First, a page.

The behavioral thermal preference data used to establish cool, comfortable, and warm TDB thresholds in this study were previously collected and published by our group [55]. All live animal data collection procedures were approved by the Purdue University Animal Care and Use Committee (protocol #1712001652). Animal care and use standards were based upon the Guide for the Care and Use of Agricultural Animals in Research and Teaching [41]. Briefly, non-pregnant (n = 7), mid-gestation (n = 5; 58.5 ± 5.7 d pregnant), and late-gestation (n = 6; 104.7 ± 2.8 d pregnant) multiparous maternal line (Yorkshire × Landrace; parity 3.4 ± 1.2) sows were selected for testing [55]. Sow thermal preferences were tested using two custom designed thermal gradient apparatuses (12.2 m × 1.52 m × 1.86 m; L × W × H). The thermal gradient apparatuses provided a thermal gradient ranging from 10.35 ± 0.42 °C to 30.49 ± 0.45 °C that was monitored using data loggers (HOBO Data Logger; U12-012, Onset Computer Corporation, MA, USA; temperature range of –20 °C to 70 °C with accuracy of ± 0.35 °C and RH range 5% to 95% with accuracy of ± 2.5% to max 3.5%) placed 0.94 m above the floor and 0.61 m apart [55]. All sows were allowed a 24-h acclimation period within the thermal gradient apparatuses before being tested for an additional 24 h [55]. All sows were allowed to consume their entire daily diet ration (1.82 kg/d) immediately prior to entering the apparatuses per common commercial swine production practices [43] and no reproductive stage-related feed intake differences were observed as previously described [55]. Water was provided ad libitum within the thermal gradient apparatuses. While being housed within the thermal gradient apparatuses, sows were continuously videorecorded and sow location within the apparatuses was compared against TDB measured by the closest data logger [55]. These data were used to generate cubic curves to determine peak TDB preference and the thermal preference range for each reproductive stage [55]. In the present study, thermal preference data generated by Robbins et al. [55] were used to estimate the TDB that non-pregnant, mid-gestation, and late-gestation sows found to be cool (TDB < TDB preference range), comfortable (TDB = TDB preference range), and warm (TDB preference range < TDB < mild HS).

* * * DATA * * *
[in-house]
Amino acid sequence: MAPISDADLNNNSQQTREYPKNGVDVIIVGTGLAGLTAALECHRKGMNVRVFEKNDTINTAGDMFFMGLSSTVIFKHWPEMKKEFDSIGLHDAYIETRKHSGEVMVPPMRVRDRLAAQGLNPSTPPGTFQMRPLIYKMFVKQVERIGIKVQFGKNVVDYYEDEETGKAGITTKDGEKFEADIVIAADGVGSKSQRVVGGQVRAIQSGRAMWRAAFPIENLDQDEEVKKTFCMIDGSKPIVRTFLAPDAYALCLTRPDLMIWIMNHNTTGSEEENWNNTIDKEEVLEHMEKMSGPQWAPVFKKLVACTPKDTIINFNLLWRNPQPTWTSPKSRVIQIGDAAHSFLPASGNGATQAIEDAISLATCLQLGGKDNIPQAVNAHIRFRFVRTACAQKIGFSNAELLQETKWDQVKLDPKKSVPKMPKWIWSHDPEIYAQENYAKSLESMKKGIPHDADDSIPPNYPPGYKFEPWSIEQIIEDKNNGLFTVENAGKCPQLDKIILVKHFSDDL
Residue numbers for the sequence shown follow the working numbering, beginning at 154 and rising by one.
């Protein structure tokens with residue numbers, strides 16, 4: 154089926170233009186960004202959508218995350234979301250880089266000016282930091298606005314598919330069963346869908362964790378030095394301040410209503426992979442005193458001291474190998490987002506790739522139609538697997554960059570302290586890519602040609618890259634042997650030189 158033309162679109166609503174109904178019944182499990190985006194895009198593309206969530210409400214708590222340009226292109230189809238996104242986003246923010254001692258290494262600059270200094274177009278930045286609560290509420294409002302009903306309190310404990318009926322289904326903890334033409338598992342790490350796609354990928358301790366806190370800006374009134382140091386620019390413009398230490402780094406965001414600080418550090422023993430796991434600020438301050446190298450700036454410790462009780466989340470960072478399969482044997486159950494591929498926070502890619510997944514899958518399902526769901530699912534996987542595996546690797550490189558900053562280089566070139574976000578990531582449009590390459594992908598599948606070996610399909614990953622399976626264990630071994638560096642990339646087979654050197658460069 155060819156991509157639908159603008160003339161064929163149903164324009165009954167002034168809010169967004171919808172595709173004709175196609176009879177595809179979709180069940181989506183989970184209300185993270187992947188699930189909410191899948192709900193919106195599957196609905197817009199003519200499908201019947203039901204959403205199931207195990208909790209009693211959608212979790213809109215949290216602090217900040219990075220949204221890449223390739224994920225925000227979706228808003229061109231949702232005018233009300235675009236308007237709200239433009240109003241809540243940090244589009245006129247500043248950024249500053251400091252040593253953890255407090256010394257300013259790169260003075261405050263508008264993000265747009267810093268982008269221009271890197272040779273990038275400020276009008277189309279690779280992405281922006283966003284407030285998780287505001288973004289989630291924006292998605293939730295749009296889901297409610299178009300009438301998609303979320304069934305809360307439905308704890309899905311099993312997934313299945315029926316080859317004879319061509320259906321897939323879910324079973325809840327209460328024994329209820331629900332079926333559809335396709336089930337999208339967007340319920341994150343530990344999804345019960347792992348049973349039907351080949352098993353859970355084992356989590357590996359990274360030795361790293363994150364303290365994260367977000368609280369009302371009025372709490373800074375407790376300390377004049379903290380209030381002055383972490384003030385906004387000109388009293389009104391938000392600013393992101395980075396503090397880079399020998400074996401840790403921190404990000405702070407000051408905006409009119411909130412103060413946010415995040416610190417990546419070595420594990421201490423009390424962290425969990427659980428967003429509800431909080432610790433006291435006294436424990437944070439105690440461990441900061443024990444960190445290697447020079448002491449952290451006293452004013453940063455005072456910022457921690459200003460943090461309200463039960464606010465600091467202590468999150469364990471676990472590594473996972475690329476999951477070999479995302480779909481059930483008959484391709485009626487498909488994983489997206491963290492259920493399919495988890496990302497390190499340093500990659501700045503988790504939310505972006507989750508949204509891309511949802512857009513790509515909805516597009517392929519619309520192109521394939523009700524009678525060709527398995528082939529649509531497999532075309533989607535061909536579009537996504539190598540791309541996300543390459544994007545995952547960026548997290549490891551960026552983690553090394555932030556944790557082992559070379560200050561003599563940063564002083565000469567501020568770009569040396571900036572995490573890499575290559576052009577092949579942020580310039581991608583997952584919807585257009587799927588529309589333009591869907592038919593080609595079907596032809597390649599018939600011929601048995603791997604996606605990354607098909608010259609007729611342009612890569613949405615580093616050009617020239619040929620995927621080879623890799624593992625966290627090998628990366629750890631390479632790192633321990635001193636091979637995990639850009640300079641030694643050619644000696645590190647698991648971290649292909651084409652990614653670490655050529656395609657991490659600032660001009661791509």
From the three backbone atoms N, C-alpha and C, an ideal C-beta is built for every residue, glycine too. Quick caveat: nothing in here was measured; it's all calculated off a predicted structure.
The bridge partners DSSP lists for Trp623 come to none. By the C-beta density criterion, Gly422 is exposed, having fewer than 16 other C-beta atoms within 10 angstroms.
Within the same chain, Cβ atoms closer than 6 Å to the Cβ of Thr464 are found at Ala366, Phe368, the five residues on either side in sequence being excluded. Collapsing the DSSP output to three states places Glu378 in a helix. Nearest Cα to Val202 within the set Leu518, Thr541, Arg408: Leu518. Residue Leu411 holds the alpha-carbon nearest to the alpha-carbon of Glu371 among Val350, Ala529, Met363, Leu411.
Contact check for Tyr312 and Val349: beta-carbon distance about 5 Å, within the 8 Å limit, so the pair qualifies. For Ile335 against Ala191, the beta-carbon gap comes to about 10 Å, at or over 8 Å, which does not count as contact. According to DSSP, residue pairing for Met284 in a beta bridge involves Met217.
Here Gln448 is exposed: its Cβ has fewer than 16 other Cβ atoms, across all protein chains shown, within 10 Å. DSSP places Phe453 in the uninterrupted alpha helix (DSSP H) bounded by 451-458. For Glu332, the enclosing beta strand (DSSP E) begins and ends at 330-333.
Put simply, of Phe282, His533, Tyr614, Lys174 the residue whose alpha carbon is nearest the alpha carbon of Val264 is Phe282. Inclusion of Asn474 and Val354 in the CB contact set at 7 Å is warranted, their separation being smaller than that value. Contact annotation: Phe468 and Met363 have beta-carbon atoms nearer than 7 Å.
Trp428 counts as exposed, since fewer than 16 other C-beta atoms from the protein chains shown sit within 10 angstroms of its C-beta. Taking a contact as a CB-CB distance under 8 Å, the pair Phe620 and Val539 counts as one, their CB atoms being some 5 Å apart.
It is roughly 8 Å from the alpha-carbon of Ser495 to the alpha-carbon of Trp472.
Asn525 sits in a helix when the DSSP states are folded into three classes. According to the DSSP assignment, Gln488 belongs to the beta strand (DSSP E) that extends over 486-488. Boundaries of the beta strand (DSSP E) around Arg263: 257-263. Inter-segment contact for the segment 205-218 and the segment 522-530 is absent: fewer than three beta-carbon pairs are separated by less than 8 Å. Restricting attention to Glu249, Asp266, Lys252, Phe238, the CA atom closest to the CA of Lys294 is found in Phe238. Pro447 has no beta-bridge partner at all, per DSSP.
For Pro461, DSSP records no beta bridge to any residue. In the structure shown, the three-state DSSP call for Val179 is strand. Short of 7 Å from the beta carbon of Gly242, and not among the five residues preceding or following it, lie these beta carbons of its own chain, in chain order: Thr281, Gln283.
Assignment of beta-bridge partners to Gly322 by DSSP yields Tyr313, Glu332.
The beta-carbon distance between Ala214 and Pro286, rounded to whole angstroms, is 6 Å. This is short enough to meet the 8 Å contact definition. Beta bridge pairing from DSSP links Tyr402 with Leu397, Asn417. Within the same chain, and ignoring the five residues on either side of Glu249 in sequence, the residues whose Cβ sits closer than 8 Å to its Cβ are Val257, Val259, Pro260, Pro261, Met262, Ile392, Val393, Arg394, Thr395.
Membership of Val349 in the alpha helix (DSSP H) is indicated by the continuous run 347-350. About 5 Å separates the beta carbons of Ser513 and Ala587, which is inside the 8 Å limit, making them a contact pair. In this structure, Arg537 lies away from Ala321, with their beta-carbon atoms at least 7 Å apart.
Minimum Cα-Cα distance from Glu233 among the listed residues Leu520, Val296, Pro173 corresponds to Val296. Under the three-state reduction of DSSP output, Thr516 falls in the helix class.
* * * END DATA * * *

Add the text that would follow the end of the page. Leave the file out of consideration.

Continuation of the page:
Results and discussion

Heat stress has well-documented negative effects on the health, productivity, and welfare of sows [31, 56, 57] and their future offspring [3, 14, 58]. As such, a variety of cooling methods have been developed and used in swine facilities to alleviate HS (i.e., floor cooling pads, evaporative cooling pads, chilled drinking water) [10, 59,60,61]. However, despite the availability and continued development of cooling and management strategies to mitigate HS, recommended or perceived temperature thresholds for implementation may not accurately reflect the thermal requirements of swine. For example, the most recent thermal recommendations for swine by the Federation of Animal Science Societies [41] are based upon 25- to 41-year-old data and likely do not accurately reflect the thermal requirements of swine with current genetics that have been selected for greater litter sizes, lean gain, and have overall greater metabolic heat production [9]. Additionally, these recommendations [26] do not differentiate by sow reproductive stage, which is important because HS sensitivity becomes greater as gestation advances [31, 62, 63]. Although some efforts have been made to develop thermal indices and thresholds for pigs, these efforts have largely focused on the use of theoretical predictions [36,37,38,39, 64], have had limited data collection in a relatively small number of non-pregnant sows [40], or have attempted to apply indices originally developed for cattle to pigs [65], and none to our knowledge have differentiated by reproductive stage or used behavioral metrics of thermal preference to identify comfortable temperature ranges for pigs. Therefore, our overall goal was to develop a swine specific decision support tool using both behavioral and thermoregulatory metrics derived from animal experimentation that would provide thermal recommendations for sows at three reproductive stages.